I envy Debby over at Life's Funny Like That. She recently began college...she has lots of new things to think about.
As for me, I've always been a mostly cerebral type of person. My ex husband was fond of calling me lazy (i.e. the "ex" explanation). For years I swallowed his abuse in this area thinking he was right. Everything I love doing is of a sedentary nature. One day in a moment of clarity, I realized that I may not be very physically active, but mentally my brain was always busy. So, it really bothers me to think that I'm finding so little to interest me. I need stimulation. I need challenges. I need someone who will begin an intellectual conversation with me...since at this point I'm incapable of starting the conversation myself.
Which leads me to the reason for this rant. This morning I decided to look back through my blog drafts to see if there was some post I began that I might be able to finish and post today. Nada. I do have some intriguing beginnings...
On October 14, 2009 I started this post:
Last weekend a girlfriend and I watched one of my Netflix selections, The Tenant of Wildfell Hall, which was adapted from Anne Bronte's novel of the same name. While I enjoyed the movie, the gloomy nature of the piece got me to thinking about those Bronte sisters.
Let it not be imagined,
however, that I consider myself
competent to reform the errors
and abuses of society, but only
that I would fain contribute my
humble quota towards so good an
aim; and if I can gain the
public ear at all, I would rather
whisper a few wholesome truths
therein than much soft nonsense.
-from the Author's Preface
On November 17th, 2008 I started this one titled Samuri:
Compare this to the education of the Samurai, the warriors of Japanese history. A Samurai was expected to be well versed in warfare, both through reading the works of strategists and through the use of weapons. On the other hand, writing poetry, drawing, tea preparation, meditation and flower arranging were also considered essential skills for a warrior. This is difficult for people in European cultures to fathom unless we understand that all of those skills were signs for the ephemeral nature of life, beautiful and then gone. A Samurai was like the cherry blossom; a beautiful object to behold both on the tree and floating to the ground in death; a life to be relished in the moment and released in jubilation.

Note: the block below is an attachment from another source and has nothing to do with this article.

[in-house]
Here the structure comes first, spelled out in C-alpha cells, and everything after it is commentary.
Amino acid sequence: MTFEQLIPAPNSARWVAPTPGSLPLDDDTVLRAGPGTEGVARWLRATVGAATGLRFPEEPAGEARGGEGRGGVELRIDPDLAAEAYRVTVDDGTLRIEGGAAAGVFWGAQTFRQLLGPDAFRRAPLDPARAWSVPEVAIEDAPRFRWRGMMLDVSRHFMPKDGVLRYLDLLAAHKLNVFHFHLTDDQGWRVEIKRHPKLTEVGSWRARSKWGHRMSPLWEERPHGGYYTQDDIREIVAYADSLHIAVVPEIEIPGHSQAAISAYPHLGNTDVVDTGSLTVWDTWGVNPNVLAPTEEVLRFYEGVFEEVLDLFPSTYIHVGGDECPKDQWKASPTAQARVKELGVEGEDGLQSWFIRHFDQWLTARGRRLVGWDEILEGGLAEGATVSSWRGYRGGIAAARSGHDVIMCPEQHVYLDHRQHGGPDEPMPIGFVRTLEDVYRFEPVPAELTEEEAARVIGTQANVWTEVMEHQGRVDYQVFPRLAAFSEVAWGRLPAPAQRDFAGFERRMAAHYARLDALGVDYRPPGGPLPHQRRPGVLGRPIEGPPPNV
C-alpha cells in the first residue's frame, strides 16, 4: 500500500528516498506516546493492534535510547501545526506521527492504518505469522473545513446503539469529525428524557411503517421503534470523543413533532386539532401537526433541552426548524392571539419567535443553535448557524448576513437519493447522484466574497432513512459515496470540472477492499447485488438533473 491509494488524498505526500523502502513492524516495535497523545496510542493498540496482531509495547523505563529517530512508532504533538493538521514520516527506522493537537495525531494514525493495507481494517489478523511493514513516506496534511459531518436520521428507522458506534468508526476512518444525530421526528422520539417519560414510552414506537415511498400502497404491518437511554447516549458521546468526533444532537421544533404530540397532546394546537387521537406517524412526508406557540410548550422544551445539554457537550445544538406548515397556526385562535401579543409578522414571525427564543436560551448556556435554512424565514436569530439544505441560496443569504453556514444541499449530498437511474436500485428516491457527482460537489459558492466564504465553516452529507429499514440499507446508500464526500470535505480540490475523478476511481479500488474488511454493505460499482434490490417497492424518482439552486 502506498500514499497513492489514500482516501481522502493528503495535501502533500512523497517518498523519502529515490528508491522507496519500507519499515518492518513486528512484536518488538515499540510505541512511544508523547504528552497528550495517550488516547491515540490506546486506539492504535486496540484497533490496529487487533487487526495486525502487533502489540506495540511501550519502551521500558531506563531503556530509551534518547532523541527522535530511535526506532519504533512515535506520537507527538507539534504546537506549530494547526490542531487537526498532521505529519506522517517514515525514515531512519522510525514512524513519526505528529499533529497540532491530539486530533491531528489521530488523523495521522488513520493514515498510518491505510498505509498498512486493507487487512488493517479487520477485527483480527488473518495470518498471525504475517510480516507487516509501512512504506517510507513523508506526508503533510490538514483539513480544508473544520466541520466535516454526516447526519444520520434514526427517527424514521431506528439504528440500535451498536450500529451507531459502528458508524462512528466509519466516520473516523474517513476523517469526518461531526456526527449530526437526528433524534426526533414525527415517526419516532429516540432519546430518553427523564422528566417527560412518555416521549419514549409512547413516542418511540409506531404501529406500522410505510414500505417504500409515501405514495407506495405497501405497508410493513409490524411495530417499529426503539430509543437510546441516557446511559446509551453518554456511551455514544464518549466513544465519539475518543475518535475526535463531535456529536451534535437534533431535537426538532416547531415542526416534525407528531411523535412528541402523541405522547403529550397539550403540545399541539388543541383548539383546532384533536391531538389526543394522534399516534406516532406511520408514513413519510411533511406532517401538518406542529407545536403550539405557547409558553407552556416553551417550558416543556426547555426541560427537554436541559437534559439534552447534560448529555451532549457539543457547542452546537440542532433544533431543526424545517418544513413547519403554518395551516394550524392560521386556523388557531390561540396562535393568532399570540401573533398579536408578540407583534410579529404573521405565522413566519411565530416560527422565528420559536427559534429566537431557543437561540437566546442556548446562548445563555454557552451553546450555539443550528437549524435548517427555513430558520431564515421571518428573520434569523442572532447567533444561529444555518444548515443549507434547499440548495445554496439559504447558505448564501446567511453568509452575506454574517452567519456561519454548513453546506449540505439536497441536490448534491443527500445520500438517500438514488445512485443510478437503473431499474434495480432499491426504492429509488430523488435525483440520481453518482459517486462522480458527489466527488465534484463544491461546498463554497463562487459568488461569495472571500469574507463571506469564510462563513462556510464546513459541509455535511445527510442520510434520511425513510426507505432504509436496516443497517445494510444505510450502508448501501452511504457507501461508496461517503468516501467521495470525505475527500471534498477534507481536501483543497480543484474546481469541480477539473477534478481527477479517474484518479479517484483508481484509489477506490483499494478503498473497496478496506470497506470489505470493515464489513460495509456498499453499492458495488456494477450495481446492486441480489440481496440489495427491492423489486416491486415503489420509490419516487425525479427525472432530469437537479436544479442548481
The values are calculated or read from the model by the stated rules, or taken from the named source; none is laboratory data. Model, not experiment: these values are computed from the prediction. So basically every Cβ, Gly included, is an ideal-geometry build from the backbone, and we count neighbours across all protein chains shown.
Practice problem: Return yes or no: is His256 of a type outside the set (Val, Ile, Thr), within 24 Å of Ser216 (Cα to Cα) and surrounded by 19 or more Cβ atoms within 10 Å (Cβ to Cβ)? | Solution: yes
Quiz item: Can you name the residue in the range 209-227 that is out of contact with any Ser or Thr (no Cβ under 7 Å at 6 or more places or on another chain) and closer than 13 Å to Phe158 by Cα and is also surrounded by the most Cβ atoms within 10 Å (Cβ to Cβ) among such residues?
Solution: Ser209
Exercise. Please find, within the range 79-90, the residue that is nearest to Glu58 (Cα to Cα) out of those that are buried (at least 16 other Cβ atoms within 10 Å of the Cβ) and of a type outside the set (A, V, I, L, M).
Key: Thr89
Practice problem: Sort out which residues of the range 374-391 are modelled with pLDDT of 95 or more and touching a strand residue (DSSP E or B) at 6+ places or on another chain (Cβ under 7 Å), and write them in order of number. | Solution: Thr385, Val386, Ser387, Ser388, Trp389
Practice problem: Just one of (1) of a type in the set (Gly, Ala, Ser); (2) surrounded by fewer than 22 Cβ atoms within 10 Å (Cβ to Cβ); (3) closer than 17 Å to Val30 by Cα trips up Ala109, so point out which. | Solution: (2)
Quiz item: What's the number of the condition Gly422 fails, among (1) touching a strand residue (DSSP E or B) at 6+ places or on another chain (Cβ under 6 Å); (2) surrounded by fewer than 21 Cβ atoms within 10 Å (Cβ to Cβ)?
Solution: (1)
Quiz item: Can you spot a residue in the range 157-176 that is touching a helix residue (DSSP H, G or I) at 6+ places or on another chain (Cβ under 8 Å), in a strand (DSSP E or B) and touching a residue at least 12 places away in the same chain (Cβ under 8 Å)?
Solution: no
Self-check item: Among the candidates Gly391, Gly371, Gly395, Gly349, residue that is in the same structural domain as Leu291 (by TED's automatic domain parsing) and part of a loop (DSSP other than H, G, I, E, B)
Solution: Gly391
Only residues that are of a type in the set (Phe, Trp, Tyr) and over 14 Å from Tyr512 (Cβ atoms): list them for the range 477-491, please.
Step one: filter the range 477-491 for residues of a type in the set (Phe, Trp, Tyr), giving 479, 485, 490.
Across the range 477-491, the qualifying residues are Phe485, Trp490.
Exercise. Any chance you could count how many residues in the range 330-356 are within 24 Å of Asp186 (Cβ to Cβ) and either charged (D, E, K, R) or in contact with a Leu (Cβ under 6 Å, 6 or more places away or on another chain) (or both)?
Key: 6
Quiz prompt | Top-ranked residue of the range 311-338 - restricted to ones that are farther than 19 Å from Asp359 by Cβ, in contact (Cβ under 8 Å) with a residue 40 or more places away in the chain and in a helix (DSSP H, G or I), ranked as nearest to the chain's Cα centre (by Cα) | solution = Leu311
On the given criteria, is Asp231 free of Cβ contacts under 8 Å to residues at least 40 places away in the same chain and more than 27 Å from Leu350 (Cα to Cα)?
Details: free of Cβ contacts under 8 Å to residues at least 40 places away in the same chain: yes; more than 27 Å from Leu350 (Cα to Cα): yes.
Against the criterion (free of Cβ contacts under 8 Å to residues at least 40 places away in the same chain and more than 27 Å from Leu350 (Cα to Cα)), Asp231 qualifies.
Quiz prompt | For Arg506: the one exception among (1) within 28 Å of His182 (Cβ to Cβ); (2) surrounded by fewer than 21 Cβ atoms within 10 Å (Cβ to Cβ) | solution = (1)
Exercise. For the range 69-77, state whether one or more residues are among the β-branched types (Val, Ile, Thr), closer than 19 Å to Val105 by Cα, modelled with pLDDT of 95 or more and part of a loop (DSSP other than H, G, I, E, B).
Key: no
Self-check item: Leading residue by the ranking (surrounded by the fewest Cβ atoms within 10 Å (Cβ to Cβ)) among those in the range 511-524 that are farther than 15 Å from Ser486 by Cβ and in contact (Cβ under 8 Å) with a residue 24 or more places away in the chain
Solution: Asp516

On January 1, 2009 I wrote:
I did not read a single book which the New York Times designated as the 100 Notable Books of 2008. Not a single notable book.
In my defense, I listened to a lot of books on CD. I actually read more than a few books too. At some point every year I start listing all of them....and I always quit before long. Resulting in me knowing that I read stacks of books, but having no clue what most of them were. Right now, today, I am again resolving to keep a list this year. (nope...still haven't made the list)
Yesterday, I began this one under the title Halcyon Days Gone By:
Sweet-heart necklines, prairie dresses, knee-high socks with mini skirts, mod prints, big eyelashes, board straight hair parted down the middle, bell bottom jeans with patches and embroidered flowers, hip-hugging pants, big belt buckles, puffy sleeves,
If any of these unfinished topics spark a tiny flicker or a flame of thought, a prickle of interest, a synaptic connection...please talk to me about it!